Your ego is an awesome thing. Truly, it can help you. It can guide you. It can give you the boldness you need to chase after something amazing.
Your ego, however, can also bite you square in the rear end in a career transition if you aren't able to stay grounded in reality.
Say, for instance, you had this Uh-MAZING job seven years ago.
Huge (possibly even inflated) title, lots of perks, big responsibilities, people who were scared to even look you square in the eye, expense account, the works.
And then, due to a corporate downsizing, a major screw-up you made, a family transition, or some other unexpected catalyst ... you lost that job.
Now, assuming that happened, how did you respond to it?
Did you swear a bunch, down four martinis, cry for a week or two, and then construct a plan that involved learning from what just went down and moving the hell on?
Or did you just get mad. Or delusional. Or super depressed. Or some other emotion that kept you wallowing in the past?
If you did the latter, I probably don't need to tell you this (but I'm going to):
That method usually doesn't work.
It usually doesn't work because, when you get hung up on what used to be or what should have been, it can prevent you from crafting a plan for what will be.
Sometimes, your ego can prevent you from landing an incredibly rewarding, fulfilling and/or bill-paying job, because you're spending most (or all) of your time caught up on finding a job with the exact same (or greater) title, salary, perks or the expense account you once enjoyed.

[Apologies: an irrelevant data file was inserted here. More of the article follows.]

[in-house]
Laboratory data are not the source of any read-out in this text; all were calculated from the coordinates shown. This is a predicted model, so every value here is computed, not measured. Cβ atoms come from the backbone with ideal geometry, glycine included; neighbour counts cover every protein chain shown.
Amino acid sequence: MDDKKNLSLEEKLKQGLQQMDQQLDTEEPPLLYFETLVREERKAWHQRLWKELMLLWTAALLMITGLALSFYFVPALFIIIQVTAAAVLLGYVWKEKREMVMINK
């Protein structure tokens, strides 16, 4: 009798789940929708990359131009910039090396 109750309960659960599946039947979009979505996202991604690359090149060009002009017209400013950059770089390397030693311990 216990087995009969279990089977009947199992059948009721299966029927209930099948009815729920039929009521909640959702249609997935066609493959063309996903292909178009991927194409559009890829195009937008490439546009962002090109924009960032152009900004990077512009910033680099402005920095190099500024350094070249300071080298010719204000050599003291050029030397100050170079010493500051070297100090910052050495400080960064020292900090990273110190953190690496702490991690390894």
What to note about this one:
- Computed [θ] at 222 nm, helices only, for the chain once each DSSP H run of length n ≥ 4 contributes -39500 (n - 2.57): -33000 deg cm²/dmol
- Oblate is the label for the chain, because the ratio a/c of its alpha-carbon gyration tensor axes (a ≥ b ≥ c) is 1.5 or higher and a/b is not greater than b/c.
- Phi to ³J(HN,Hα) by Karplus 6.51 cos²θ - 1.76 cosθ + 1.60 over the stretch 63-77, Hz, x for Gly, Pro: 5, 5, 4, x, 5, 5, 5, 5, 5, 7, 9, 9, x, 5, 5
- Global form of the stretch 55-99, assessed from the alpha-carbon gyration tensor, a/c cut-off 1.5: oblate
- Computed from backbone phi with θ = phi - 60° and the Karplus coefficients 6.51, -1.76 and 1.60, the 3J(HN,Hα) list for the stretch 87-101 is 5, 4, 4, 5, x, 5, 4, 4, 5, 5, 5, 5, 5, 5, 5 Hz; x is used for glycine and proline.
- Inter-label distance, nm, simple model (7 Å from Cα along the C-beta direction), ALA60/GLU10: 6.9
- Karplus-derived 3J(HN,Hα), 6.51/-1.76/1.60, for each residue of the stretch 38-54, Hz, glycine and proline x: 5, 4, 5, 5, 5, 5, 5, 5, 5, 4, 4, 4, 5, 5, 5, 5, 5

It can make you bitter toward every last recruiter who ignores you and ready to punch every competitor who takes YOUR job right in the face.
It can close you off to opportunities that may be fantastic ... if you'd just stop and consider them.
This is when your ego is not a good thing.
This is when your ego is not going to come in handy.
This is when you need to stop dwelling on the past, and start strategizing for the future.
What true value you can offer to your next employer? This isn't fluff talk -- When you consider that organization you've got your eye on, and a specific job opening, what can you deliver that will be of great, immediate value? This is what you need to make clear to the reviewer. You may also want to consider other positions within that same company, even if they aren't the exact level you'd planned on.
Is the company great? Get into it then. Get in and prove how great you are to this new group of people.
Also, do you have holes in your skill set? What technologies have you fallen behind on? What can you shore up so that you can run neck and neck with your compeition (and then beat the suckers at the finish line)?
What impression are you giving as you market yourself - online, on paper and in person? Are you coming across as arrogant, entitled, scared or angry? Or are you presenting yourself as passionate, present and engaged?
No matter what huge-o job or title you once had, if you fail to clarify your true value, if you let your skills atrophy, or if you present yourself in an egotistical manner, you will lose.
And winning is just way, way more fun.
Be confident, of course. Love yourself, definitely. Just don't let your ego or your pride get in the way of a potentially great next chapter in your professional life.
Photo by: The Morty.